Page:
ESRI’s Education User Conference Puts Critical Thinking on the Map

Keynote Speaker Mark Chandler to Discuss Citizen Science and GIS

ESRI marks its commitment to GIS education with its 10th annual ESRI Education User Conference (EdUC), scheduled for July 10–13, 2010, in San Diego, California. The conference provides the opportunity for the education community to share ideas and experiences and discuss the latest developments in geographic information system (GIS) technology through a series of presentations, panel discussions, and workshops. The conference overlaps the 30th annual ESRI International User Conference, which will be held July 12–16.

One of the hot topics at this year’s education conference is the use of GIS to promote analytic and critical thinking skills. “These are the higher-order problem-solving skills employers say they want in future employees,” says Angela Lee, libraries and museums manager for ESRI industry solutions.

Other key topics include the broader use of GIS for administration purposes in educational institutions, implementing ArcGIS Server in the teaching environment and its impact on educational resource sharing, and making greater use of the resources available on

Michael Gould, ESRI’s director of education for industry solutions, says, “The Education User Conference brings together leaders in GIS education from different sectors and countries to both hear the latest news from the ESRI Education Group regarding future initiatives and strategies and share their own experiences and ideas. It is the premier event for educators who are passionate about employing GIS to help improve education and therefore improve our future.”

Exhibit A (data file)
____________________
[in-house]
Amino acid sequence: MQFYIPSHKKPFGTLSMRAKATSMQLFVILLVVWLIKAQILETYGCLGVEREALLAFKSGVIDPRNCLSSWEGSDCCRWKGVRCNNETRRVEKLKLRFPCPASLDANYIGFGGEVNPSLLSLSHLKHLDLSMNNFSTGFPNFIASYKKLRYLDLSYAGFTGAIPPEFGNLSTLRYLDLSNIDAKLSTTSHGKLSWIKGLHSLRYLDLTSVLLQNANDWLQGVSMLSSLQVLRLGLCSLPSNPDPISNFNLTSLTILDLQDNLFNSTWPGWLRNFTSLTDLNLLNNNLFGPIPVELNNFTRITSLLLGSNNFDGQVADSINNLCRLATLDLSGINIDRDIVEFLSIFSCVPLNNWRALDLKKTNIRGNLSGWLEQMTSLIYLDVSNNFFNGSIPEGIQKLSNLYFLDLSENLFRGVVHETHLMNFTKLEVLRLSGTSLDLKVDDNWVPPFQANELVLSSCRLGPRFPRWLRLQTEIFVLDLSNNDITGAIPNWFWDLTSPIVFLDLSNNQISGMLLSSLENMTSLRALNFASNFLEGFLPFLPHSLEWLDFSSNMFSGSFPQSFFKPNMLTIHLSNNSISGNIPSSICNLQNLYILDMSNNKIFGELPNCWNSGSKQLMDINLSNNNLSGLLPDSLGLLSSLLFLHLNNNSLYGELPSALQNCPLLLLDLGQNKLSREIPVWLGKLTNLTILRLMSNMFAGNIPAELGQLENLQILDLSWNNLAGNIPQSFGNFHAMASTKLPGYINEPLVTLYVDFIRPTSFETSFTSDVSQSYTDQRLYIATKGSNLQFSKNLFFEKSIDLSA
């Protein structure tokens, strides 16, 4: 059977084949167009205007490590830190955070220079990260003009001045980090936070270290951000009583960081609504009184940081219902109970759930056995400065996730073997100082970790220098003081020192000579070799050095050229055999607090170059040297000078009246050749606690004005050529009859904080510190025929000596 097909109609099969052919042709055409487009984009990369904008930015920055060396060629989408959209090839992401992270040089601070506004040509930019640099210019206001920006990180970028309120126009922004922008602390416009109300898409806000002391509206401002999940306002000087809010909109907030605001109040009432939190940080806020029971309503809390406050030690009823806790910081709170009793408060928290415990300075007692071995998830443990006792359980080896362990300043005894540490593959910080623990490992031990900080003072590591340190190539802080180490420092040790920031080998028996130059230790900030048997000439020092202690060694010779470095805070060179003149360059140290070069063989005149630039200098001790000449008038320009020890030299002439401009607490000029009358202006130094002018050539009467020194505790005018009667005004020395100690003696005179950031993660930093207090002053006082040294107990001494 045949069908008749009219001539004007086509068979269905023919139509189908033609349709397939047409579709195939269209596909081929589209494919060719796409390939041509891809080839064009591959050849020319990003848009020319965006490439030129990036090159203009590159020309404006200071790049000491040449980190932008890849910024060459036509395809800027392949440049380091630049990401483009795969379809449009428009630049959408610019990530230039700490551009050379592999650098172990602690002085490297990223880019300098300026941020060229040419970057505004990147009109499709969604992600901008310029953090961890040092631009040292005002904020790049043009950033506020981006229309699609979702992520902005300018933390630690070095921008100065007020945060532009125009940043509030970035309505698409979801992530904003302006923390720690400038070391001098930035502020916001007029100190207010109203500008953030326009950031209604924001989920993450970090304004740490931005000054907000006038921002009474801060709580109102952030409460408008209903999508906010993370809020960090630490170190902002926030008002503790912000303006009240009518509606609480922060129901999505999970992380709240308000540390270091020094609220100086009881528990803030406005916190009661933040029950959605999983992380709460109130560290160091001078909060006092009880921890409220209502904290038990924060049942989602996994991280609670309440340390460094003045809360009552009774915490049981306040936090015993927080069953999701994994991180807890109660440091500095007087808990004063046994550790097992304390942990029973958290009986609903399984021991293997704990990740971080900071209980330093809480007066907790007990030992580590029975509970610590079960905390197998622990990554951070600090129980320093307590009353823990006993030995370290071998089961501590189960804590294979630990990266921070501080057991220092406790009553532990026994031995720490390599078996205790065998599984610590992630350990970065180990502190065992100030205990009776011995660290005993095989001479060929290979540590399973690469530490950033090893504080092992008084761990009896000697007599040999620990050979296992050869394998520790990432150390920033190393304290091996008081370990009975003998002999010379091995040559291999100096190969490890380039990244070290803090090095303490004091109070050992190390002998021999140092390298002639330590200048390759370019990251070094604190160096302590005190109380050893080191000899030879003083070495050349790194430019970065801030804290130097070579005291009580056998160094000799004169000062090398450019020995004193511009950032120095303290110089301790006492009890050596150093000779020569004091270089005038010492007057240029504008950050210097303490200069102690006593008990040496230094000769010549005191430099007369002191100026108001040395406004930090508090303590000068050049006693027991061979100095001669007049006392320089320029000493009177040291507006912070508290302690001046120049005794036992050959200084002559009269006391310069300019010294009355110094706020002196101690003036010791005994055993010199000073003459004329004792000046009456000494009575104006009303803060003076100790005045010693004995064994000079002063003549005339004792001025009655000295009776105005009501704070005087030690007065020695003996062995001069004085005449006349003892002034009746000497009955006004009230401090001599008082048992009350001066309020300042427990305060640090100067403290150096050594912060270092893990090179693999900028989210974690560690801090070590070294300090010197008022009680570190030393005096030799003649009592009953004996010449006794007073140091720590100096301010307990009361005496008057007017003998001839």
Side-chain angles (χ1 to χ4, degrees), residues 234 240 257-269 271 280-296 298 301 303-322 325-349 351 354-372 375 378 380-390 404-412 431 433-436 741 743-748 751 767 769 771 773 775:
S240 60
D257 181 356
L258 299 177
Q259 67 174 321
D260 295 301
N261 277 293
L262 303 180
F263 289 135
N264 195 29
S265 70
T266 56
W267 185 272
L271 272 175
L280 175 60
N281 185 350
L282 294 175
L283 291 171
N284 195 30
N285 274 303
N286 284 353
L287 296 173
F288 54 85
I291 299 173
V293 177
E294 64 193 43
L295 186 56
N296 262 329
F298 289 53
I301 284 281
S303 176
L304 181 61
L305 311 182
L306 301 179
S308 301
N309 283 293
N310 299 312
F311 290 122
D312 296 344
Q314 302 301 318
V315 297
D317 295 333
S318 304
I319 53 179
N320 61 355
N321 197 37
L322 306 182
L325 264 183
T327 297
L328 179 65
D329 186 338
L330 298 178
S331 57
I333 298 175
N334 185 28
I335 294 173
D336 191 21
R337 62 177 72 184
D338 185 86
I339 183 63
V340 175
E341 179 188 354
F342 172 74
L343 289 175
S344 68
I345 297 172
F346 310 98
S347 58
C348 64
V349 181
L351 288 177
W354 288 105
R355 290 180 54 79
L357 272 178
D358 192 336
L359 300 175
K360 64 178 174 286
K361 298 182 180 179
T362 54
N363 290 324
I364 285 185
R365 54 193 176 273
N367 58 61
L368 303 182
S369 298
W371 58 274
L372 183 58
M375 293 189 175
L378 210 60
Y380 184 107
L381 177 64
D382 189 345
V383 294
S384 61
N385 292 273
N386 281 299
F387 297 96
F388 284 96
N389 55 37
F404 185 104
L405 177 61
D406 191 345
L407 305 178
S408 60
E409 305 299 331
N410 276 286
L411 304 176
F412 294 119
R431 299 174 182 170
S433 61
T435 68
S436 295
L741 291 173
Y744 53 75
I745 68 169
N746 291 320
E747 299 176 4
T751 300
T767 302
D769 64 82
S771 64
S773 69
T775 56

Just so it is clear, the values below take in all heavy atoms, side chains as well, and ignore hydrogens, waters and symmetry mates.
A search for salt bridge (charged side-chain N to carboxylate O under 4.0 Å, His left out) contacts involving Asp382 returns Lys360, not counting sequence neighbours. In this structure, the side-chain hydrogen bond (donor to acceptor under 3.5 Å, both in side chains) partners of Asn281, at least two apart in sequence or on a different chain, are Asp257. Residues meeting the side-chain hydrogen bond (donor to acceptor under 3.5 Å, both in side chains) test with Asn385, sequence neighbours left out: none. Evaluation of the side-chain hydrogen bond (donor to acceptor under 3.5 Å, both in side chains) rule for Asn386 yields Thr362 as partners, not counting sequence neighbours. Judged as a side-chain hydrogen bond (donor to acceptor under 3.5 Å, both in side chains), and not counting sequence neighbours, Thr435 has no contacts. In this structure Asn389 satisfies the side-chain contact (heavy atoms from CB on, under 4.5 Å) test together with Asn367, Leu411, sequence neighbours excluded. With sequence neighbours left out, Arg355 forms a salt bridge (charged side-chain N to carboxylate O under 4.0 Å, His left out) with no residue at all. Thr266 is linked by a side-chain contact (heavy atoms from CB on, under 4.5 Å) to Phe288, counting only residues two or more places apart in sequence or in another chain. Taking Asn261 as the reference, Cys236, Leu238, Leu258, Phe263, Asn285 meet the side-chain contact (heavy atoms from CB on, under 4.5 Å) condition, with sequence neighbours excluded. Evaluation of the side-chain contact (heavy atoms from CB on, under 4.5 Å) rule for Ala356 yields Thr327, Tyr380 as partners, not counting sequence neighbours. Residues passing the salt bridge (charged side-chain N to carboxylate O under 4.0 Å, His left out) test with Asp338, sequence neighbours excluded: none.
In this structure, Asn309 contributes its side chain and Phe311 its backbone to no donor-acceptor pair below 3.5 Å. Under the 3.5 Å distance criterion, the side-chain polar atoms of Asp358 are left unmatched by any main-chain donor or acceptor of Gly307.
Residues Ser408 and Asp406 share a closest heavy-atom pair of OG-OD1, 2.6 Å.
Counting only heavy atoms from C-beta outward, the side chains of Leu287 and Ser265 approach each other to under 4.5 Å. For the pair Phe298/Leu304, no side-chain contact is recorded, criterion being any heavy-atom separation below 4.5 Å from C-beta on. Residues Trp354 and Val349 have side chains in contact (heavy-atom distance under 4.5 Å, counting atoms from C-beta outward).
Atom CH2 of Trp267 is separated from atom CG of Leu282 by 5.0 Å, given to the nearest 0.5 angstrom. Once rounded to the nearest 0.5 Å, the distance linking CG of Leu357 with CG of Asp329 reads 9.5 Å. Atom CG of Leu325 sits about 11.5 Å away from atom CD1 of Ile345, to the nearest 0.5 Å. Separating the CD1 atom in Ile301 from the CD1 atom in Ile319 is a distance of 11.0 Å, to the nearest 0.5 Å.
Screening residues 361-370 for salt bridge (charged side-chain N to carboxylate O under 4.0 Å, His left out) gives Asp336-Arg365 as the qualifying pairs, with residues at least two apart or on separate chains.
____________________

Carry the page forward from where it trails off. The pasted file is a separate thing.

Dr. Mark Chandler, international director of research for the Earthwatch Institute, will be this year’s keynote speaker at the conference. He is a prominent conservation biologist with more than 20 years of experience conducting field research in Central and South America, East Africa, and New England. Chandler will discuss Using Citizen Science and GIS Technology to Connect the Local to the Global.

The Earthwatch Institute, a pioneer in citizen science endeavors, is committed to scientific research and environmental education. It is one of the world’s largest private funders of research expeditions and has used ArcGIS for several years to monitor and document the many expeditions it supports throughout the world.

Additional information regarding ESRI’s EdUC is available on the Web at

[Source: ESRI press release]

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